The "rising chimp" problem

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The new book, Einstein's Puzzle Universe, by Tim Dedopulos, is a compendium of good physics and logic problems. Here's one for you to solve:

Imagine that there is an even rope of negligible weight draped over a wheel, which permits it to slide perfectly freely. Equal lengths of the rope descend from either side. On the left side, the rope ends in a 10 kg weight. On the other side, perfectly level with the weight, is a young chimp, also weighing 10 kg.

When you give a signal, the chimp will start climbing the rope. Which of the two, the chimp or the weight, will reach the top first?

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Replace your AC outlets with this dual USB charger

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This AC outlet has two built-in USB charging ports. I have found it to be useful not only for phone charging, but for keeping bluetooth speakers charged, too. Reviewers on Amazon love it. One reviewer said it will charge two iPads at the same time. Amazon has them on sale for $18 right now. Read the rest

Jack Kirby's nightmarish double page spreads from The Demon (1972-73)

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When Jack Kirby bailed from Marvel comics in 1970 and started working for DC, his work become psychedelic and spiritual. Here are some of his wild two-page spreads for The Demon, which ran for 16 issues from 1972-1973.

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Fellow hoverboards near edge of skyscraper

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Oleg Cricket enjoys taking chances in high places.

ˢᶜᴱᴺᴱ ᶠᴿᴼᴹ ᴹᵞ ᶠᵁᴸᴸ ᵛᴵᴰᴱᴼ , ᴴᴼᵂ ᴬᴹ ᴵ ˢᵀᴵᴸᴸ ᴬᴸᴵᵛᴱ ? ᴵ ᴰᴼᴺ'ᵀ ᴷᴺᴼᵂ , ᴹᴬᵞᴮᴱ ᴵ'ᴹ ᴵᴹᴹᴼᴿᵀᴬᴸ ? #nophotoshop #KanyeWest #olegcricket

A video posted by ᎢᎻᎬ ONᎬ (@olegcricket) on Apr 12, 2016 at 4:12am PDT

I promised to show #nophotoshop

A video posted by ᎢᎻᎬ ONᎬ (@olegcricket) on Mar 26, 2016 at 9:57am PDT

You choose, #live or #die . I know my name and believe me , I'm sure about it . #110 floor

A video posted by ᎢᎻᎬ ONᎬ (@olegcricket) on Jan 21, 2016 at 4:20am PST

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How ink is made: a voluptuous process revealed in a mouth-watering video

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Ayun Halliday of Open Culture wrote about this luscious ink-making video. Read the rest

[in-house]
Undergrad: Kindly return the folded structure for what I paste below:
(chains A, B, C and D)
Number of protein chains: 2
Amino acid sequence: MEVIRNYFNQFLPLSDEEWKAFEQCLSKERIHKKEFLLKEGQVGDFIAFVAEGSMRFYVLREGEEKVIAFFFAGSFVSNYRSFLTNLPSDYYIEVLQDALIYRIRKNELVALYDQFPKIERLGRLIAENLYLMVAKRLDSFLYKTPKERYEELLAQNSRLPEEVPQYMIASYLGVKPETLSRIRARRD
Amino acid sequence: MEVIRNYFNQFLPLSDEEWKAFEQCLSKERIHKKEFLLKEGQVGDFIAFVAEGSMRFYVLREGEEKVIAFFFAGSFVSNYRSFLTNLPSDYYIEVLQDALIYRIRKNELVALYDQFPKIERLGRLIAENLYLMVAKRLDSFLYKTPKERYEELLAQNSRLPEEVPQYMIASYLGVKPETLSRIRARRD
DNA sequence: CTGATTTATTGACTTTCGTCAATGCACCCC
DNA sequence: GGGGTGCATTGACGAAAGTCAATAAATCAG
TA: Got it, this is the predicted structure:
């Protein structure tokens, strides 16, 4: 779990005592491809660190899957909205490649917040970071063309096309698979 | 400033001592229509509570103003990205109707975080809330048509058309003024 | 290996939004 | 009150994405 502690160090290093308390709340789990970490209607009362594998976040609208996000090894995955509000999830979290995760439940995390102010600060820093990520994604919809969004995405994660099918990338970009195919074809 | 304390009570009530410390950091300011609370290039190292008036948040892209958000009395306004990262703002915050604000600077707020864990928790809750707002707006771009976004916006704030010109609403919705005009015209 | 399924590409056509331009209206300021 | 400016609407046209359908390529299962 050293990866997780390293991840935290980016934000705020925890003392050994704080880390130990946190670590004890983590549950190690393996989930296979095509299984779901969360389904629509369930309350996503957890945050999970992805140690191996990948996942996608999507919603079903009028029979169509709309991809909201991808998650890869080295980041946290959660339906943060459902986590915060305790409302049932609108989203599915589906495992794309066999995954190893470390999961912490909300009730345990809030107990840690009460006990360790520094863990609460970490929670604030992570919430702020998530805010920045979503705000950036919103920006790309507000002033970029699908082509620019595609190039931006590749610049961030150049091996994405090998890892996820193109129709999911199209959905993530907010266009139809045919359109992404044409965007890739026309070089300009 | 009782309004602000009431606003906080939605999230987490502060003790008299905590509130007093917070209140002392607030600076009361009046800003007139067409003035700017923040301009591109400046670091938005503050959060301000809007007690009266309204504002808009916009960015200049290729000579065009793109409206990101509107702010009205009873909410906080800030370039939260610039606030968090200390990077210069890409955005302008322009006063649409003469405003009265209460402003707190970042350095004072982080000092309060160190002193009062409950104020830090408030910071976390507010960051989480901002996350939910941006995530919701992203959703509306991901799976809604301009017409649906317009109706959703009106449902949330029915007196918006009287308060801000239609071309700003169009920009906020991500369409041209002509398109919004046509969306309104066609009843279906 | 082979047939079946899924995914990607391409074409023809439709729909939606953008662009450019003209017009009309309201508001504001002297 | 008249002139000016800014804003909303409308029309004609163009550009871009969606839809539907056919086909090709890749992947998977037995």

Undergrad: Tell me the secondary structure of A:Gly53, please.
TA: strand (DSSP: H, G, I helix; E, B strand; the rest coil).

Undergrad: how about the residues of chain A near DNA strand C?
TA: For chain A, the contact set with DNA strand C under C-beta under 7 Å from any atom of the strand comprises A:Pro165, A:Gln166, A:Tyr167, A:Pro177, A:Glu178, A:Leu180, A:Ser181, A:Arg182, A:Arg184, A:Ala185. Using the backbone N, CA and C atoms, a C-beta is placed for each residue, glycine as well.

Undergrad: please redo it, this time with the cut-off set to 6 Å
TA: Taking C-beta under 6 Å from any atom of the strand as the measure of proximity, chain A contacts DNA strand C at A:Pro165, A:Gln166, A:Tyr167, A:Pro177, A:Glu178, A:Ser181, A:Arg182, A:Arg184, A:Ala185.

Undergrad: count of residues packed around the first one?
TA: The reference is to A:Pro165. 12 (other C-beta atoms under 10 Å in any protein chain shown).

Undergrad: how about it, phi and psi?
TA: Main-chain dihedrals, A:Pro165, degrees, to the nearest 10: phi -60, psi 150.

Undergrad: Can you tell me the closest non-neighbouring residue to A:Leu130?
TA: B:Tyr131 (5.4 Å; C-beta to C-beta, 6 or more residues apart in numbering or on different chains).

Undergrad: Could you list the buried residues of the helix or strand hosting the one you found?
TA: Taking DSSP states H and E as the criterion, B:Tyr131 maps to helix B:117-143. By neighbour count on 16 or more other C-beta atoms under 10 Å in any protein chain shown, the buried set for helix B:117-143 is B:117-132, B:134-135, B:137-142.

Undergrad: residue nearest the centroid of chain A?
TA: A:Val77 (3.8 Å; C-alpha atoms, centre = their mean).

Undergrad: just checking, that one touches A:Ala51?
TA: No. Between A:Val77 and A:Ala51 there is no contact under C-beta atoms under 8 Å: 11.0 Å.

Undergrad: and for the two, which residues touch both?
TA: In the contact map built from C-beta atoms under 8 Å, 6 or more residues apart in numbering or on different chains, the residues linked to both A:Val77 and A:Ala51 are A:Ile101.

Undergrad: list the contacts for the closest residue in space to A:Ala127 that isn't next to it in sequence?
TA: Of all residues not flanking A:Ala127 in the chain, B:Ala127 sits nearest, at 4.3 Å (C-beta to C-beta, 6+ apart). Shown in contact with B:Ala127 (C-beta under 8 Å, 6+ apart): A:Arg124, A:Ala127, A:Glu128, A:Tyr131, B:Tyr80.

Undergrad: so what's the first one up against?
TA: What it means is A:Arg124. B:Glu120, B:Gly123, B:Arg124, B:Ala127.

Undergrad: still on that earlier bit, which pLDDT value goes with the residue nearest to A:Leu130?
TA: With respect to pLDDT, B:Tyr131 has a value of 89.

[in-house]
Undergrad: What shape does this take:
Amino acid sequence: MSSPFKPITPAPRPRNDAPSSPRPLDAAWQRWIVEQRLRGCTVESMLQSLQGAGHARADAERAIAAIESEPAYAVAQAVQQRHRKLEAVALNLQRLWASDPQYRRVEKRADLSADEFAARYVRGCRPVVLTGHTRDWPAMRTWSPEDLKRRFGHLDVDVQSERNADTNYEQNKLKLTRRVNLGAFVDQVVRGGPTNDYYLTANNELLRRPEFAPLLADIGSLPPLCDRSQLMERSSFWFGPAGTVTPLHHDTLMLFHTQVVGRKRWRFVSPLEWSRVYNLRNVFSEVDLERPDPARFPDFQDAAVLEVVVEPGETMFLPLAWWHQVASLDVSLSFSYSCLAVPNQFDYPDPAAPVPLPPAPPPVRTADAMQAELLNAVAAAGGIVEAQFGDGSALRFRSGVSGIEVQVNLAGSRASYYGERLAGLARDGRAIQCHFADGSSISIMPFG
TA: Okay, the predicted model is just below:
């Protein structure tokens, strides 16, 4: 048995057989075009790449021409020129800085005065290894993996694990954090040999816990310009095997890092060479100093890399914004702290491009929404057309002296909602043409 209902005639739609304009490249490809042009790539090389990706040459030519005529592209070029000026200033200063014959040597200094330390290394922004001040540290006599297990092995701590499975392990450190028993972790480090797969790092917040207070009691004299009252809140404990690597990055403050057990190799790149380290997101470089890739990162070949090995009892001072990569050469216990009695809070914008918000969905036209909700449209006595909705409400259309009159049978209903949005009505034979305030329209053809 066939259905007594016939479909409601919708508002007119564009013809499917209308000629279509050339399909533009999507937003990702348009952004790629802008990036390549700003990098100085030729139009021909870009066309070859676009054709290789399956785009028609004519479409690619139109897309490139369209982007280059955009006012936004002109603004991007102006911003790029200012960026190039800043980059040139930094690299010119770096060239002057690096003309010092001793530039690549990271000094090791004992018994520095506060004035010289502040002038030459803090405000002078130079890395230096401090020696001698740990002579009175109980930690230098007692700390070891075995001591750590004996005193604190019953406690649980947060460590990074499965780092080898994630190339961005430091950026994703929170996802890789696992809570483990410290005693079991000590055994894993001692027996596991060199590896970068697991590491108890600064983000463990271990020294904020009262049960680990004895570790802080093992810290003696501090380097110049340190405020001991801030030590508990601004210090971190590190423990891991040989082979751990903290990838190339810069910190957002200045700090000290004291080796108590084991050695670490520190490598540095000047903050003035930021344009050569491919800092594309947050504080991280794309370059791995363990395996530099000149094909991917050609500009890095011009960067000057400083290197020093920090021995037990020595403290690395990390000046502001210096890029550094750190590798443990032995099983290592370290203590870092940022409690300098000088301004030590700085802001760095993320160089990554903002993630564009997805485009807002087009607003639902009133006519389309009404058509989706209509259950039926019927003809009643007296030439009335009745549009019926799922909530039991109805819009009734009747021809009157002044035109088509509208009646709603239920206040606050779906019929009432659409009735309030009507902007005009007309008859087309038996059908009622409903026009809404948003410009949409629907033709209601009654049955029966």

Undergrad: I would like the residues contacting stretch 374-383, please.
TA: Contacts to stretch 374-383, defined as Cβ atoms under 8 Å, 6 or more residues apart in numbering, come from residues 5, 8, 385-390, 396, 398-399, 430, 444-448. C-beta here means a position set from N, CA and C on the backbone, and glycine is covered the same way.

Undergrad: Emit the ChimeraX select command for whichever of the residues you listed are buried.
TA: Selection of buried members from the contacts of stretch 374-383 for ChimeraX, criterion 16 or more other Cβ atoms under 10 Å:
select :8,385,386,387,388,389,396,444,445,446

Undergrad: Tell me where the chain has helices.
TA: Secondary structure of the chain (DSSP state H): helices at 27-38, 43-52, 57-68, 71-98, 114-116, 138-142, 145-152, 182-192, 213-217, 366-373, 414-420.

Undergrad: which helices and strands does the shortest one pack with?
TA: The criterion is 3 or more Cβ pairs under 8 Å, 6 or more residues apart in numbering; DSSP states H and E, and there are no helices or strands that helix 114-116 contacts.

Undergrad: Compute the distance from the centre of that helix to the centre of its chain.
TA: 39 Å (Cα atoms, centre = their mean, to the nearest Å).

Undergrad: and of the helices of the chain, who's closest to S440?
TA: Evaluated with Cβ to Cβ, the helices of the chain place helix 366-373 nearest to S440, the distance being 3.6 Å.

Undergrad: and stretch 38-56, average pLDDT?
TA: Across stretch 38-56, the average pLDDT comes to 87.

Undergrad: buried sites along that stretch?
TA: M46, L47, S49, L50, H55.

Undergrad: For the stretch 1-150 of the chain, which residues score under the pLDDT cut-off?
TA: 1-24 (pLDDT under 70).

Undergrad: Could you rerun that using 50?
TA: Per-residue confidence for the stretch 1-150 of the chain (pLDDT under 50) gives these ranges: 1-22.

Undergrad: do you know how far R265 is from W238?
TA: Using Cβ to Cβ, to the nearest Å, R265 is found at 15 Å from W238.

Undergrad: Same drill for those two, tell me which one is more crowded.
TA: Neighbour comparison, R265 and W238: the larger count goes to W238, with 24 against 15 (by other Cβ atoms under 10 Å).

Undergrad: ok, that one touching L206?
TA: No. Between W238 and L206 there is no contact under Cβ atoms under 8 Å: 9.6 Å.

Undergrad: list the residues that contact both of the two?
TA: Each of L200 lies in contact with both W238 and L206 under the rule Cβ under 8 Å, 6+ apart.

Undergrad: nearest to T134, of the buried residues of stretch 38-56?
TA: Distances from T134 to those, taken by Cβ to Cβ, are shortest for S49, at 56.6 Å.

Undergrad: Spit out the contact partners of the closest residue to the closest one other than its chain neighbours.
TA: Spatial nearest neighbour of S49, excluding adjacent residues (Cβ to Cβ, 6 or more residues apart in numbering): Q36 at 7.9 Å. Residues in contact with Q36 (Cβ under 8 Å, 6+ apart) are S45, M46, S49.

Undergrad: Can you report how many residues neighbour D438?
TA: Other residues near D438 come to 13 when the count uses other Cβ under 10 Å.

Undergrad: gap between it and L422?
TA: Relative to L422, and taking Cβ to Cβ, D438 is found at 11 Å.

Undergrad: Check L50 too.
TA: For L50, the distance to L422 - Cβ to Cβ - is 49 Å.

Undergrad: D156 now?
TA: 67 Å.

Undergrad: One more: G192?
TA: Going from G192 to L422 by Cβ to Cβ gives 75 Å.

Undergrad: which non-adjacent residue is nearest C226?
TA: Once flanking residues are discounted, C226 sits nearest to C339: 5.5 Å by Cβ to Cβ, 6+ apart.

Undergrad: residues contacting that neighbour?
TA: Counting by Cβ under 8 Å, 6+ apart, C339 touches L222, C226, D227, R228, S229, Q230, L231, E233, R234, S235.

Pareidolia discovered on Mars

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People are stunned to have discovered numerous examples of pareidolia on the red planet. Lizards! Rats! Bigfoot! Pyramids! Frogs! Hovering alien spheres! Tharks!

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How to prepare fugu, the deadly poisonous pufferfish of Japan's sushi lore

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In this video we meet Yutaka Sasaki, a chef who prepares fugu, a fish that contains a lethal neurotoxin called tetrodotoxin.

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How to identify any language at a glance

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Professional word taster James Harbeck shows you how to identify different languages by identifying the unique characters they use.

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Bans on sketching in museums

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Artist James Gurney (creator of Dinotopia) explains why the Victoria and Albert Museum's decision to ban sketching in the special exhibition Undressed: A Brief History of Underwear stinks.

[B]anning sketching seems like an unfortunate policy. Museums should recognize the importance of sketching as a primary way that artists engage with the tradition. Rather than forbidding sketching altogether, it seems more reasonable to limit large drawing boards, easels, paints, sitting on the floor, or otherwise blocking visitors flowing through high-traffic exhibitions.

I think that sketching with pencil in a sketchbook 9 x 12 inches or smaller should be allowed anywhere. I'm not aware of any museum limiting note-taking with a pencil and a pad of paper. School kids routinely go through museums with clipboards. I see no reason to forbid sketching if it's done in neat, dry media in a hand-held pad.

Let's remember that many art museums began as extensions of art academies. Too many art museums these days think of themselves as extensions of the gift shop

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The excruciating process of applying for unemployment on a Kafkaesque Massachusetts state website

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When Jennie Rose Halperin left her job as a product engagement manager and researcher last month, she applied for unemployment benefits via Massachusetts Department of Unemployment website. She says, "I soon learned that a masters degree in Information Science and several years of work on systems and usability could not prepare me for the excruciating process of applying for unemployment in the Commonwealth of Massachusetts."

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Mississippi will not add domestic violence as grounds for divorce

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Mississippi has 12 grounds for divorce, including impotency, adultery, habitual drunkenness and incurable mental illness. But a bill that would have added domestic violence to the list died in the senate last week. Read the rest